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The Tokyo Olympic Games and the Risk of COVID-19

Abstract

Purpose of Review

We reviewed the occurrence of outbreaks at past Olympics and discuss the threat of the COVID-19 pandemic at the Tokyo Games.

Recent Findings

Evidence for large respiratory tract infection outbreaks at past Olympics is scant. Nevertheless, in order to control the spread of the COVID-19 outbreak, the Tokyo 2020 Olympics were postponed for 2021. Given the high contagiousness of the disease and the epidemiology of COVID-19 in Japan, this decision was appropriate and important in order to safeguard athletes and the public. However, it is a major problem for Japan, involving massive financial losses and a lost opportunity for athletes, coaches, and instructors.

Summary

Up-to-date epidemiological data is needed on which to base an appropriate decision regarding the Tokyo 2021 Olympics. The actual effect of cancellations of such events in reducing the spread of COVID-19 needs to be determined.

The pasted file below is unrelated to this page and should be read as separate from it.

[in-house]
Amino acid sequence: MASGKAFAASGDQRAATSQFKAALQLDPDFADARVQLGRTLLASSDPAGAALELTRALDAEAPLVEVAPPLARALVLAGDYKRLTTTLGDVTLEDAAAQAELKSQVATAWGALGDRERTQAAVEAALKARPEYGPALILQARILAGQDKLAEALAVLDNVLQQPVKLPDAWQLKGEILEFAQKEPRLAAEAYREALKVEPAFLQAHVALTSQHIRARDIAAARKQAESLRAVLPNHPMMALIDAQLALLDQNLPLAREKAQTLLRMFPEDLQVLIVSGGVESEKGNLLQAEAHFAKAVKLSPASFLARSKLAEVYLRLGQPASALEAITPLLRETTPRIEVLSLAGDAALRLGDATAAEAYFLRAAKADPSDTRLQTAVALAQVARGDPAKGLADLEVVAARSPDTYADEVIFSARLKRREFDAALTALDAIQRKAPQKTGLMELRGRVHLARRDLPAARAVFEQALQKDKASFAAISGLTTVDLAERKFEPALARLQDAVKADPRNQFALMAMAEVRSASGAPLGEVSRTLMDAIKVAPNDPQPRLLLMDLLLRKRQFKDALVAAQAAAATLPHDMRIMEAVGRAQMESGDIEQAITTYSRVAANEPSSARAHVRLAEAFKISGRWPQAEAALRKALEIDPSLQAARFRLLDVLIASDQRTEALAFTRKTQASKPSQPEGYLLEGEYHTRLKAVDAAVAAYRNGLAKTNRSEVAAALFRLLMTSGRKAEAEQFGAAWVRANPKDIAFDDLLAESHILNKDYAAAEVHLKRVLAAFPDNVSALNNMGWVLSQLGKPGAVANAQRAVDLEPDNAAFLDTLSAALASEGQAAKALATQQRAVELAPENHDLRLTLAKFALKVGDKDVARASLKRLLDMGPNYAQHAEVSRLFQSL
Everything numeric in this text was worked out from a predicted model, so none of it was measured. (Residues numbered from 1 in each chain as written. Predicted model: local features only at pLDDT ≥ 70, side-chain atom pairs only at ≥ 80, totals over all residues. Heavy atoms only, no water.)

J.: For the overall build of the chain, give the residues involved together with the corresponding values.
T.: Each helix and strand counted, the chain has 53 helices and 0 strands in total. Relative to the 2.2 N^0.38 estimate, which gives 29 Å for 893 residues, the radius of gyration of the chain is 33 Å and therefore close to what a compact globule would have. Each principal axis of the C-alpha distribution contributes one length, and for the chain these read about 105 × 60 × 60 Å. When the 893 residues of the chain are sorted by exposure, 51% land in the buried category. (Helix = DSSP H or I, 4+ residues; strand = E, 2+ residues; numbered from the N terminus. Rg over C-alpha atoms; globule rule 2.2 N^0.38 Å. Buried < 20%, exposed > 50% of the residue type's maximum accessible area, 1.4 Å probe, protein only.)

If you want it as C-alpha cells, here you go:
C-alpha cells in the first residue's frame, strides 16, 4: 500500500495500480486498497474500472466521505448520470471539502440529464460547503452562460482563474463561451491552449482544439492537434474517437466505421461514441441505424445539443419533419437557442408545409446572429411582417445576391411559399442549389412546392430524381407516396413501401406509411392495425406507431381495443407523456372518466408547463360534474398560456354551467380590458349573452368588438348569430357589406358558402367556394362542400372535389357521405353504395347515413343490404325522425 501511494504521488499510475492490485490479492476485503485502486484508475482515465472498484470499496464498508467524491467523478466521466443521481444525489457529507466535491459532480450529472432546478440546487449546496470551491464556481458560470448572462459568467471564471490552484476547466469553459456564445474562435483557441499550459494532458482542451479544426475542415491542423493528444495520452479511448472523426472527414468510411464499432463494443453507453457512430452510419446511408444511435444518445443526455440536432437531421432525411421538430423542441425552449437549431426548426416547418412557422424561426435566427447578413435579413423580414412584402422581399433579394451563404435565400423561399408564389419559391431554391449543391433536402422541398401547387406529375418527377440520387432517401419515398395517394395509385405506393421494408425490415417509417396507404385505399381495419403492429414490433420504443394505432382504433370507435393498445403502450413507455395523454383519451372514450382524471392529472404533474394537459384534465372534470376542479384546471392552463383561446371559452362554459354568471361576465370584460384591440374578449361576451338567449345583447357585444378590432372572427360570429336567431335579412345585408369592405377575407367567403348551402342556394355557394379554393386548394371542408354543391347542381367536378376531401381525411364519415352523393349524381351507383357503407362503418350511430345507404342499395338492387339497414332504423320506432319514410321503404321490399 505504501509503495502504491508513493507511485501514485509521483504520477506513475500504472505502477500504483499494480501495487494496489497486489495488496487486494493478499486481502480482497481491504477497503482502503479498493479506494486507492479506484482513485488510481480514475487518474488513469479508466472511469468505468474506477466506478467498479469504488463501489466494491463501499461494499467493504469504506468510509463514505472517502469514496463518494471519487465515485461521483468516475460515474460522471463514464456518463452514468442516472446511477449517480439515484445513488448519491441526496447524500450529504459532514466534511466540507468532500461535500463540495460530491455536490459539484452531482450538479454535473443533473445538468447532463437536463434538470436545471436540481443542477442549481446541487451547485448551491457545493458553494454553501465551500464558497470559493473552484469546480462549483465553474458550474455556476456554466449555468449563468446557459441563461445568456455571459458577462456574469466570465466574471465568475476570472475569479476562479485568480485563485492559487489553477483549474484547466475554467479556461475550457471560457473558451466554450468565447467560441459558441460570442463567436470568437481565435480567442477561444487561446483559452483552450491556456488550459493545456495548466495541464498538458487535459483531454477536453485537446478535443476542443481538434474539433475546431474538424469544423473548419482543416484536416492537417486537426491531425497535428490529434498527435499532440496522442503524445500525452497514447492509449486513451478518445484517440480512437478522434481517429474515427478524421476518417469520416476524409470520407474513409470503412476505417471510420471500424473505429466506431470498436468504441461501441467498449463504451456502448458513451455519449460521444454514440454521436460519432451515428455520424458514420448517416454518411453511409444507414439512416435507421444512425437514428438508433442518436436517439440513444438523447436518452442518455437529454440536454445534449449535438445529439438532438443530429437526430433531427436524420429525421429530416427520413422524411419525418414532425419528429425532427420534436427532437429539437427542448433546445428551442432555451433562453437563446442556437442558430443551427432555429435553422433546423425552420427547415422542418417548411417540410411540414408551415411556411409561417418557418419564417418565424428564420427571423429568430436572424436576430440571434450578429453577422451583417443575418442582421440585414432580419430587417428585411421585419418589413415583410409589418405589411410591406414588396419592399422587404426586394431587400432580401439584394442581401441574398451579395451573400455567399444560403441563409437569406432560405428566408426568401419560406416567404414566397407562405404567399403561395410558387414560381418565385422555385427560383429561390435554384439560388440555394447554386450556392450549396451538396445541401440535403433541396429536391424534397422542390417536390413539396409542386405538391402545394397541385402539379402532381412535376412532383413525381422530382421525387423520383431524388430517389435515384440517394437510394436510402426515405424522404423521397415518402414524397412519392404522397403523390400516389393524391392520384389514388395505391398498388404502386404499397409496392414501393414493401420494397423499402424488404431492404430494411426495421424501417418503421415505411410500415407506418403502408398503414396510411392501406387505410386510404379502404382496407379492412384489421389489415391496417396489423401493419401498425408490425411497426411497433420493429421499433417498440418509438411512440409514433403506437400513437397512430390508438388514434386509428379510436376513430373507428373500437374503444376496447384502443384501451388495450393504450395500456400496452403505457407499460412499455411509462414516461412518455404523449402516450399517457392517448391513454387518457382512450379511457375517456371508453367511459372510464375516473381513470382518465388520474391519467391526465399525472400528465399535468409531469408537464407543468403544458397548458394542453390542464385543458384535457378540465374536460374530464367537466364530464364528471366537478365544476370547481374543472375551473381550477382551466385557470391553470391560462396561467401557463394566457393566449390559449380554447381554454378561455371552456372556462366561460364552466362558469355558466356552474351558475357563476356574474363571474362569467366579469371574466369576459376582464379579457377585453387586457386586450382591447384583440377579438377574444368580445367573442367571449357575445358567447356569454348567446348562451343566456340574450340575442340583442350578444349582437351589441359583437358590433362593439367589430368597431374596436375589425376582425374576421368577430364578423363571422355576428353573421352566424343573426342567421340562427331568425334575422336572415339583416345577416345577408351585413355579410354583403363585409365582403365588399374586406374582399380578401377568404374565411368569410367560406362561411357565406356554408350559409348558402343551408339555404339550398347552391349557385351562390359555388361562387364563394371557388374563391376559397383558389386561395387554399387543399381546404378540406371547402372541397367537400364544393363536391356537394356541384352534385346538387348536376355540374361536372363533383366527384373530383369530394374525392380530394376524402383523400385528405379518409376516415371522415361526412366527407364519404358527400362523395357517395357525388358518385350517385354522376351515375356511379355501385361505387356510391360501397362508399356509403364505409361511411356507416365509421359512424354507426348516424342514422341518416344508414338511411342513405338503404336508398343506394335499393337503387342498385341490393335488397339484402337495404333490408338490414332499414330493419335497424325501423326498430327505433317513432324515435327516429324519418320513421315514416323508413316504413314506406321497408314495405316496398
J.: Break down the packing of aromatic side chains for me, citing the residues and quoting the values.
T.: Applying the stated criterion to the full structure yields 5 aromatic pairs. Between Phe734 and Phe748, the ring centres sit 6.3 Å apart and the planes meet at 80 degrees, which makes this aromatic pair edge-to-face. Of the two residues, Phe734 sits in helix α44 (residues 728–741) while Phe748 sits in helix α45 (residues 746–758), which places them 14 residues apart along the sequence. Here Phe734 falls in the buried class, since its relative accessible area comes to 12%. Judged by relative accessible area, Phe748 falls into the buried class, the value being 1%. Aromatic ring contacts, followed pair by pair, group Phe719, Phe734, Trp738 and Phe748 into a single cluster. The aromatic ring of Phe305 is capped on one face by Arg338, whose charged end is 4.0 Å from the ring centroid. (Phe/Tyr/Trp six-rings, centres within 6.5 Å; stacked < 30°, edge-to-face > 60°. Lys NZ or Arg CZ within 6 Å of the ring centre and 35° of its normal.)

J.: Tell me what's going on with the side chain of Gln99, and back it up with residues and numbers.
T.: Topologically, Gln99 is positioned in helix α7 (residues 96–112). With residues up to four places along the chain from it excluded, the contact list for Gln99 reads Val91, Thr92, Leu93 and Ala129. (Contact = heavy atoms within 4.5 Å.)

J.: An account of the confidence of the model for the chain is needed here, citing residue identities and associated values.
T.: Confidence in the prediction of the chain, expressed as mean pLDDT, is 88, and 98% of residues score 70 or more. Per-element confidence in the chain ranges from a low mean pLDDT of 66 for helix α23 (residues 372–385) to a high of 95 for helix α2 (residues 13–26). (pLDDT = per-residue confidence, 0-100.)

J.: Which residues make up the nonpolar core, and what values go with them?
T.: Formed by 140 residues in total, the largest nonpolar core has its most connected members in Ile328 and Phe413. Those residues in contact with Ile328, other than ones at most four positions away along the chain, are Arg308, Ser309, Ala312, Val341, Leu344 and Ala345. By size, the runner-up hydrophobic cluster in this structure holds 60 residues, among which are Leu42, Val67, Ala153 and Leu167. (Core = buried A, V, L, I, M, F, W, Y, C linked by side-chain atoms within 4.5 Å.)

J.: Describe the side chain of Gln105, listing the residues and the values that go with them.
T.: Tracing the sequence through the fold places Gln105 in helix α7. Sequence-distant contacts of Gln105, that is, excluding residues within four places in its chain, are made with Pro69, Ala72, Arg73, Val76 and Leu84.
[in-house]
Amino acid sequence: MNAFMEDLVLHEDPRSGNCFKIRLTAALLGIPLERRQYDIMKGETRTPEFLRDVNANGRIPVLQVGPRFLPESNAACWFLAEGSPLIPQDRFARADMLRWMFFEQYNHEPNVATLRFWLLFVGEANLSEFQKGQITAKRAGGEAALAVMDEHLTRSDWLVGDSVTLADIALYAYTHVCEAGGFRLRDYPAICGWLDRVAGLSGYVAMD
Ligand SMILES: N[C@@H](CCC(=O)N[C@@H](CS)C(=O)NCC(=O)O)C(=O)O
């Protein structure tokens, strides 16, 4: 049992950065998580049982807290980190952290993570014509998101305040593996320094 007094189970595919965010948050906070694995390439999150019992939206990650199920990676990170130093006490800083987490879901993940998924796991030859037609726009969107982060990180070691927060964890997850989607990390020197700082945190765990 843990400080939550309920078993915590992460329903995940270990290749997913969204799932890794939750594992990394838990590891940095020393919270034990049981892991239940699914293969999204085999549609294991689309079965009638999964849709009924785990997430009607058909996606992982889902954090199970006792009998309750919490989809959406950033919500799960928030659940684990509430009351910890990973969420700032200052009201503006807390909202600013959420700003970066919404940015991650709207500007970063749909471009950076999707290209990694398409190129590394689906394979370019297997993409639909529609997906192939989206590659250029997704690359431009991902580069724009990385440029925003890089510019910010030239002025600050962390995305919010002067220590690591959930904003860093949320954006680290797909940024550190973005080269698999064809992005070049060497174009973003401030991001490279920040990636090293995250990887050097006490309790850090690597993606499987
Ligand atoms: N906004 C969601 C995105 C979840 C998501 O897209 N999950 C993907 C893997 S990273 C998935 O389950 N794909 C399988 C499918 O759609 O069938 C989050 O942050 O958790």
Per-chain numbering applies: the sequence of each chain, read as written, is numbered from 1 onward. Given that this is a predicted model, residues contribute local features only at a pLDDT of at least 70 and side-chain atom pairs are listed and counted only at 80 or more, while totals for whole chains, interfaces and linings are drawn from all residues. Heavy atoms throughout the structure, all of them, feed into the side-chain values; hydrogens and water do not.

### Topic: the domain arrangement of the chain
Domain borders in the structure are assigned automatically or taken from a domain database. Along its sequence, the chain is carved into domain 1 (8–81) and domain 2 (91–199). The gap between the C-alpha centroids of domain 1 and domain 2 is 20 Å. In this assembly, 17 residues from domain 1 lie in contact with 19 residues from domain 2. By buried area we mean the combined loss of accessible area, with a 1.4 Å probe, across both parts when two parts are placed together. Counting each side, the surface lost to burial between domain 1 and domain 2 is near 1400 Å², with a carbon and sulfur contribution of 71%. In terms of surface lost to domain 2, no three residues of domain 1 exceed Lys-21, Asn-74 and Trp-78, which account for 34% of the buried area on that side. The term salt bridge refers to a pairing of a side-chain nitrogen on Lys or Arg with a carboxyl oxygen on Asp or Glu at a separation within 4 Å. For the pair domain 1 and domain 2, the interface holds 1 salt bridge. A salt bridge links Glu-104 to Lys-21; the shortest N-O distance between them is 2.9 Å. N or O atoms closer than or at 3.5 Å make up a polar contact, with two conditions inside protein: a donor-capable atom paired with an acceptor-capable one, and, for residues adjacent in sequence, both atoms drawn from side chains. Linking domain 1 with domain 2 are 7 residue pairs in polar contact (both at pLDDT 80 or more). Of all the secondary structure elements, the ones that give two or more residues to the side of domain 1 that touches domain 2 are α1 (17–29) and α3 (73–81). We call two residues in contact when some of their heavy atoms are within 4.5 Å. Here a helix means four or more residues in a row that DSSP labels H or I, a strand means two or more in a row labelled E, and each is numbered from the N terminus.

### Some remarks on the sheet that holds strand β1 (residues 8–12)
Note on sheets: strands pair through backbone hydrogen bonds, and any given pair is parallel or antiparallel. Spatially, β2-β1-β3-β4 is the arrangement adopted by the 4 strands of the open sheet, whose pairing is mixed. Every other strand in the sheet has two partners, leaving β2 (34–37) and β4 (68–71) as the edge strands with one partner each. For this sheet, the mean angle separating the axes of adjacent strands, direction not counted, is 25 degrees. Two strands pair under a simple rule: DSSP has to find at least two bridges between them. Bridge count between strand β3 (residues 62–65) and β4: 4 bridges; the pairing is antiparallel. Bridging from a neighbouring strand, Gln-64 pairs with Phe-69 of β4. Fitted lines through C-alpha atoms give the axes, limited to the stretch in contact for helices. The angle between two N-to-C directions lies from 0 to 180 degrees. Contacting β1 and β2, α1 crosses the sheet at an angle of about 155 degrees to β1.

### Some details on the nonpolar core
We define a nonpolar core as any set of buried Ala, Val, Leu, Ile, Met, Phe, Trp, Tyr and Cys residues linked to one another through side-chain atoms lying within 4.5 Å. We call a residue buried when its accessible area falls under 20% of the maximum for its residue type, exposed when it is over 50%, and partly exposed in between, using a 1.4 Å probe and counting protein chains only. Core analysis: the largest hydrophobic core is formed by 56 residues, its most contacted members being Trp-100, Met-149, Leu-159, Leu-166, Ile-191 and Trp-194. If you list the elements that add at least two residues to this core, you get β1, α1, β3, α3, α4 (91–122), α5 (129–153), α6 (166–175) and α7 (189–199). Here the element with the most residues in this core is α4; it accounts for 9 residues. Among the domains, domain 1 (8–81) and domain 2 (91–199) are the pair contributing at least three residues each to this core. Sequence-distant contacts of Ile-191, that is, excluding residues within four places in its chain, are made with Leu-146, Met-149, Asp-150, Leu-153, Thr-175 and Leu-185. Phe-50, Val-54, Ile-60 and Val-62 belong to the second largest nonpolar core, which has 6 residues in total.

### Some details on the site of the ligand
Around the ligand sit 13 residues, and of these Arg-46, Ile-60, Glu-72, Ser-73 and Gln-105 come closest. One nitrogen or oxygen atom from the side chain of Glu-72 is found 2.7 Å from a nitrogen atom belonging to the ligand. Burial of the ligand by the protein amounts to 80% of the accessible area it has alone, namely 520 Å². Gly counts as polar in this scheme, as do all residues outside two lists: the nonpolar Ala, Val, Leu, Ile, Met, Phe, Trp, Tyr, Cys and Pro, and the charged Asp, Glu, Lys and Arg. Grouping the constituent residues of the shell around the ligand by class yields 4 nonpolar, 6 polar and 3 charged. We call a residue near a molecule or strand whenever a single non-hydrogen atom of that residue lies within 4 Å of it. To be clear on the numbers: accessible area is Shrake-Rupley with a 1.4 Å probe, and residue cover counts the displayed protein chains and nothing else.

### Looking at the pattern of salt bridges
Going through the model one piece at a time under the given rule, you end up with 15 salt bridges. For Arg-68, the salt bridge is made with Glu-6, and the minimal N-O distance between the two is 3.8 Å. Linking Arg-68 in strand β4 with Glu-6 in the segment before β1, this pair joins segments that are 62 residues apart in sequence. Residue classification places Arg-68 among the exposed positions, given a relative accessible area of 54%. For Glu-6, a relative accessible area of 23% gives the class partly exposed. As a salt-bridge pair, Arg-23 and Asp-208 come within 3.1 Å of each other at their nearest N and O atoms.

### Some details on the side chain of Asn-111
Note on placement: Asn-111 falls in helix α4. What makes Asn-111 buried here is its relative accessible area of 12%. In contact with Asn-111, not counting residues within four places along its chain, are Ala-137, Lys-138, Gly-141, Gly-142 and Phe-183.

Introduction

Mass gatherings (MGs) are defined as a “concentration of people at a specific location for a specific purpose over a set period of time which has the potential to strain the planning and response resources of the country or community” [1]. MGs can be spontaneous or programmed and irregular or recurrent [1]. Sporting, religious, and cultural events such as the Olympic Games, the Hajj, and music festivals are programmed MGs [1]. MGs pose considerable public health challenges to health authorities and host governments, not only in regard to transmissible disease but also noncommunicable disease, such as trauma or injuries. In addition, illness related to the use of drugs and alcohol and environmental effects are well described as public health problems during certain types of MGs [1]. Infectious disease is one of the major challenges at MGs, as it affects the attendees during the event and can increase the load on the health system in the host country. In addition, infected participants may spread the disease on a large scale upon return to their home countries. In fact, several MGs have been identified as the source of infectious diseases that have spread globally [2•]. Among the infectious diseases, respiratory tract infections (RTIs) are particularly frequent at MGs, due to the inevitable overcrowding and nature of its mode of transmission [2•, 3, 4].